Endemism is the ecological state of being unique to a defined geographic location, such as an island, nation or other defined zone, or habitat type; organisms that are indigenous to a place are not endemic to it if they are also found elsewhere. The extreme opposite of endemism is cosmopolitan distribution.
Physical, climatic, and biological factors can contribute to endemism. The Orange-breasted Sunbird is exclusively found in the fynbos vegetation zone of southwestern South Africa. Political factors can play a part if a species is protected, or actively hunted, in one jurisdiction but not another.
There are two subcategories of endemism – paleoendemism and neoendemism. Paleoendemism refers to a species that was formerly widespread but is now restricted to a smaller area. Neoendemism refers to a species that has recently arisen such as a species that has diverged and become reproductively isolated, or one that has formed following hybridization and is now classified as a separate species. This is a common process in plants, especially those that exhibit polyploidy.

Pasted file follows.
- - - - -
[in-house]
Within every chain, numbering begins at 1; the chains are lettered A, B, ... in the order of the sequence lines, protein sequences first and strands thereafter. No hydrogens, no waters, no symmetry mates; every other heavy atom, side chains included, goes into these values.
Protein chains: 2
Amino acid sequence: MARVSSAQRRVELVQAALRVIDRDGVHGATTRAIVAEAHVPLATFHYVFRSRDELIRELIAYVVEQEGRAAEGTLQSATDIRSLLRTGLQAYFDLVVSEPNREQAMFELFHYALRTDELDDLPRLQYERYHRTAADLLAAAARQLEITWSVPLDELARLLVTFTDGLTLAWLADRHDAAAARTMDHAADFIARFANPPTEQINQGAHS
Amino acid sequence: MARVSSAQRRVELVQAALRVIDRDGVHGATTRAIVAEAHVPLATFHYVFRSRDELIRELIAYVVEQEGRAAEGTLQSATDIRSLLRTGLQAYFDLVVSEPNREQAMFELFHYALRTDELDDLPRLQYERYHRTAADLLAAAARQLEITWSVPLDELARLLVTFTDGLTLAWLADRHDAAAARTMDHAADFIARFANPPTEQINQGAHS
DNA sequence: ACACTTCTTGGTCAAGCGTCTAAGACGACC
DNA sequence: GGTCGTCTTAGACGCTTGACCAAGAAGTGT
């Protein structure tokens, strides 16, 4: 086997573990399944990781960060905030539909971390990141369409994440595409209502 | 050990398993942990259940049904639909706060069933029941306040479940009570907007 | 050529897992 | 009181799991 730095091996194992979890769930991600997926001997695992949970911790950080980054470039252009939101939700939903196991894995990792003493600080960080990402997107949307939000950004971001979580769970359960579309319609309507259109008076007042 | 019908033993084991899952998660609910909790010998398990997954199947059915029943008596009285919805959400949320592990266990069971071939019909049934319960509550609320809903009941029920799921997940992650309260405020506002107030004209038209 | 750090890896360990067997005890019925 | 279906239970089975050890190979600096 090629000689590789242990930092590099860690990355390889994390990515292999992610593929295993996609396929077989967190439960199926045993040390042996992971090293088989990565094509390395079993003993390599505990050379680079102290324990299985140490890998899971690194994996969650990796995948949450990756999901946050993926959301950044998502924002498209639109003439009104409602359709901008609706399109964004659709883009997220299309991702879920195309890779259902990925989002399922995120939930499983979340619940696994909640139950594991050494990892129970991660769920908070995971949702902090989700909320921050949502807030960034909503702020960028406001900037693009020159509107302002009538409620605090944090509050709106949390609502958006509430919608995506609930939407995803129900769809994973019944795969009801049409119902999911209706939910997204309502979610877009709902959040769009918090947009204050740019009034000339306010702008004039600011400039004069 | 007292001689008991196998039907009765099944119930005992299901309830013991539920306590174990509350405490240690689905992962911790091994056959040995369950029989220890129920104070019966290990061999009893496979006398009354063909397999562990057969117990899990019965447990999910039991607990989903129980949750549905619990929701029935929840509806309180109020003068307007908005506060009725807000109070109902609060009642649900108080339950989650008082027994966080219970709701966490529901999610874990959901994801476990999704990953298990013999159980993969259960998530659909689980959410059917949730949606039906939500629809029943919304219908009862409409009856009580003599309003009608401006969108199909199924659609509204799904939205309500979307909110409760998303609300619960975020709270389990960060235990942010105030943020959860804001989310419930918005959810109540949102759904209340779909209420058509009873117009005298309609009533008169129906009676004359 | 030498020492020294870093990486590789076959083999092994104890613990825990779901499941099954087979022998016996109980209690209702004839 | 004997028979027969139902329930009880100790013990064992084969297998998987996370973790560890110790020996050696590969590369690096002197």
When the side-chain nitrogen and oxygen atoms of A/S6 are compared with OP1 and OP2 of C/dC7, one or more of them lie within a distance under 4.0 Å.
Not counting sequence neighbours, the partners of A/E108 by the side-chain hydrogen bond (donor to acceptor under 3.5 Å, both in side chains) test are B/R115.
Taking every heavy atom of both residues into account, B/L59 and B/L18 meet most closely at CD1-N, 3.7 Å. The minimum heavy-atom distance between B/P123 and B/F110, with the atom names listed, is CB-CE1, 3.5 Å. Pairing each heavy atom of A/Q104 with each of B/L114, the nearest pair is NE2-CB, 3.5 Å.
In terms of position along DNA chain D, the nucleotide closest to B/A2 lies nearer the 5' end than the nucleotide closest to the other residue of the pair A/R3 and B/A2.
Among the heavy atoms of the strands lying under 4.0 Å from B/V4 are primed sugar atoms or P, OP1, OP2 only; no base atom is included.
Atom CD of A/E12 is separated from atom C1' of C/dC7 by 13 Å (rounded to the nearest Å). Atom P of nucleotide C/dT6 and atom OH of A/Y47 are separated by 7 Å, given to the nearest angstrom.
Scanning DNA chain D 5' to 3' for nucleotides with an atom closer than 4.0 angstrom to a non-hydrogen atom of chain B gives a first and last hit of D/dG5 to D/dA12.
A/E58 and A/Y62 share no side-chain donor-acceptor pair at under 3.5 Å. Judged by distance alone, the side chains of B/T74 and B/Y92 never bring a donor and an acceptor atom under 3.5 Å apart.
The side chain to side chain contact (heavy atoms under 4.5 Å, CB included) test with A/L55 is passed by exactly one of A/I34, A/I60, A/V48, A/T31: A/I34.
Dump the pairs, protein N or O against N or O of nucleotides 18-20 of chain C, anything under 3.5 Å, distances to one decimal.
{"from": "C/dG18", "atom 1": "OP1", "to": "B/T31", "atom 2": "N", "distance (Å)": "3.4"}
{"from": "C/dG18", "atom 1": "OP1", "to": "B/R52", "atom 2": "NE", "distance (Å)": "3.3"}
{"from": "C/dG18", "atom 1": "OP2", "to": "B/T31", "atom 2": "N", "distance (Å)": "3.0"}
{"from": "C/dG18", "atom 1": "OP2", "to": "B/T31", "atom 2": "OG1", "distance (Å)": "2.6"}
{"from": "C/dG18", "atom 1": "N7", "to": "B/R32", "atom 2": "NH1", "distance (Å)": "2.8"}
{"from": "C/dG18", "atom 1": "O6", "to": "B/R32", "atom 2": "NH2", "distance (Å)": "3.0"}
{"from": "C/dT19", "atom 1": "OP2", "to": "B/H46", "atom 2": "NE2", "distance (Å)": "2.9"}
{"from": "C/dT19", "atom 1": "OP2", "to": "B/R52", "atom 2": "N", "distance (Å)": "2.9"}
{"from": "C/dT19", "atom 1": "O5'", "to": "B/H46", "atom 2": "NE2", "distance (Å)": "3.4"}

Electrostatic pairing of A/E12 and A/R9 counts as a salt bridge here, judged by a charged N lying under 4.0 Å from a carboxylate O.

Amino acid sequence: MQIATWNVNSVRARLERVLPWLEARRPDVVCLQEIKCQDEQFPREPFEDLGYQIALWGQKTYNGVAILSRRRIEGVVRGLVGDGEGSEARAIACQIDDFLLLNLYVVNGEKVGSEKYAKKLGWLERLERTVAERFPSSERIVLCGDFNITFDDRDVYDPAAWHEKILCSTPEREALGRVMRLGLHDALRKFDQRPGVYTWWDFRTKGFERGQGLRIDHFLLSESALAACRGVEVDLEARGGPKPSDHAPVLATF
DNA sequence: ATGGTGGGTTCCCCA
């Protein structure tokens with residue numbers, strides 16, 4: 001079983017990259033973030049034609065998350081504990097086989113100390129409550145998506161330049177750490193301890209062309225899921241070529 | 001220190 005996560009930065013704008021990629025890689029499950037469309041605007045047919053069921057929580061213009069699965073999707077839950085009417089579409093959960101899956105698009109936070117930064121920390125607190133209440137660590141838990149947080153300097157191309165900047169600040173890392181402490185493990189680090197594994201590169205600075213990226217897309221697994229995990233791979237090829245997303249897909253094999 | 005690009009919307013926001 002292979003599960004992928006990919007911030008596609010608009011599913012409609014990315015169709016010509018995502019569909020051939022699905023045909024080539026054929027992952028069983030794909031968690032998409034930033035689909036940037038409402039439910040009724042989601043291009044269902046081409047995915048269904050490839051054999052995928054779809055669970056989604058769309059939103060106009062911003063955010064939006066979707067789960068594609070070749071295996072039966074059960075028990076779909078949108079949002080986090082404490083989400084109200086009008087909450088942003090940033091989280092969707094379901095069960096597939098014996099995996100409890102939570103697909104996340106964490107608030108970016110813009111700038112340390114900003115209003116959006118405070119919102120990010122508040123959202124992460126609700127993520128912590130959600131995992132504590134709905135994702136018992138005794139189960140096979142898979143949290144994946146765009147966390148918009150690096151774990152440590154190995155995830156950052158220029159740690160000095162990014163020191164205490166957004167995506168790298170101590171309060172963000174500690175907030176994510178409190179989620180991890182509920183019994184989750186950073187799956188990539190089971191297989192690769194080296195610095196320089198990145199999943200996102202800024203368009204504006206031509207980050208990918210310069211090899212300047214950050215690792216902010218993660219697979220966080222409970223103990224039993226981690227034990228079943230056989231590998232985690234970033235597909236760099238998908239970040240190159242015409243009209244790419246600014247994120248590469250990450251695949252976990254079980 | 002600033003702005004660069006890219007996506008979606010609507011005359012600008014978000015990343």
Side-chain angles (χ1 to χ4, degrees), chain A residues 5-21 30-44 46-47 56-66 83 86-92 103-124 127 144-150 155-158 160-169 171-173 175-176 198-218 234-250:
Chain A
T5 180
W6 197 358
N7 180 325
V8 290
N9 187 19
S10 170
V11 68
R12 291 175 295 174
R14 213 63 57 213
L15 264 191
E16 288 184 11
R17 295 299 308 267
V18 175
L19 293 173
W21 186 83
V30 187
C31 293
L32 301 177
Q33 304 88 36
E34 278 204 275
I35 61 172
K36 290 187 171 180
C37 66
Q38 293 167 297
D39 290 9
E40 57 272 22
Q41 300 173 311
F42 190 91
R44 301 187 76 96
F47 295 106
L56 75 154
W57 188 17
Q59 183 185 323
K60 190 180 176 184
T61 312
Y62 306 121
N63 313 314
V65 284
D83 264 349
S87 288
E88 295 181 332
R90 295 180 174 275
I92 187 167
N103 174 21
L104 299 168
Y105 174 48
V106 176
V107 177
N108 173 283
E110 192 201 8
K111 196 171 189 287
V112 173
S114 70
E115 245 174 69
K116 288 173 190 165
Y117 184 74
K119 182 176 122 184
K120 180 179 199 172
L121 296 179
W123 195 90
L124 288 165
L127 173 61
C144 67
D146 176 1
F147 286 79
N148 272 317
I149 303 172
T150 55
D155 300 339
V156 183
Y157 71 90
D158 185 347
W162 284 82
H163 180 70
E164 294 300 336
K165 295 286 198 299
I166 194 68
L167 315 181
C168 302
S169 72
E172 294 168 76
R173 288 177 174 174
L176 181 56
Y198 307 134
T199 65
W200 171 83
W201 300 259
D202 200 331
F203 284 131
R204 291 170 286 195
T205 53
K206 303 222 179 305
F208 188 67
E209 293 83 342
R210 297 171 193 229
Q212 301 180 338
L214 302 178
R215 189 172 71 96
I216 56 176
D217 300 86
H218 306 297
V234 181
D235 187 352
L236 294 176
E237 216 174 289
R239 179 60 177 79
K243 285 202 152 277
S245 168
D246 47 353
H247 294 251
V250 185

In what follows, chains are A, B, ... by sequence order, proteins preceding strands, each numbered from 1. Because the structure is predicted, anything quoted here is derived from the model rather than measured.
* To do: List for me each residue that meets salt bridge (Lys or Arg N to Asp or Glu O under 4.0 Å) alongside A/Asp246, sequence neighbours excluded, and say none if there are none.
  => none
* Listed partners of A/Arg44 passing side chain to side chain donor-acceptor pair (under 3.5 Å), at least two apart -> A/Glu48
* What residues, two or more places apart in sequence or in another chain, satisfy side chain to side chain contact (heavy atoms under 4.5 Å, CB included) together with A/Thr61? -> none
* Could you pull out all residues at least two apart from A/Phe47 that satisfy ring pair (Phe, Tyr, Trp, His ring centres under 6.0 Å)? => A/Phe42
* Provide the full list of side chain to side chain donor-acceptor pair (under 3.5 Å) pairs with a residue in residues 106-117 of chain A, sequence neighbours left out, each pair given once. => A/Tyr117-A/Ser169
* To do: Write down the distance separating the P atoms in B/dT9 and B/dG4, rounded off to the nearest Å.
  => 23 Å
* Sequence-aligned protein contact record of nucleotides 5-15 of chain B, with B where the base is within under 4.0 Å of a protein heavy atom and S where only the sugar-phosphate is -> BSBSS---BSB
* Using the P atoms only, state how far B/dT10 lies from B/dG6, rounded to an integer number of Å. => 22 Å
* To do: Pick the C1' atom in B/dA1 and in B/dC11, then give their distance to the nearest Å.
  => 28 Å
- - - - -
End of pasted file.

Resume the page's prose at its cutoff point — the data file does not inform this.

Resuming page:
Endemic types or species are especially likely to develop on biologically isolated areas such as islands because of their geographical isolation. This includes remote island groups, such as Hawaii, the Galápagos Islands, and Socotra, biologically isolated but not island areas such as the highlands of Ethiopia, or large bodies of water like Lake Baikal.
The Paradise Shelduck (Tadorna variegata) is a large goose-like duck endemic to New Zealand. It is a shelduck, a group of large goose-like birds which are part of the bird family Anatidae. The genus name Tadorna comes from Celtic roots and means "pied waterfowl". Known to the Māori as Pūtangitangi, but now commonly referred to as the "Paradise duck", it is a prized game bird. Both the male and female have striking plumage: the male has a black head and barred black body, the female a white head with a chestnut body.
The Paradise Shelducks usually live as pairs, grazing on grass and weeds, and will raid crops, particularly when molting.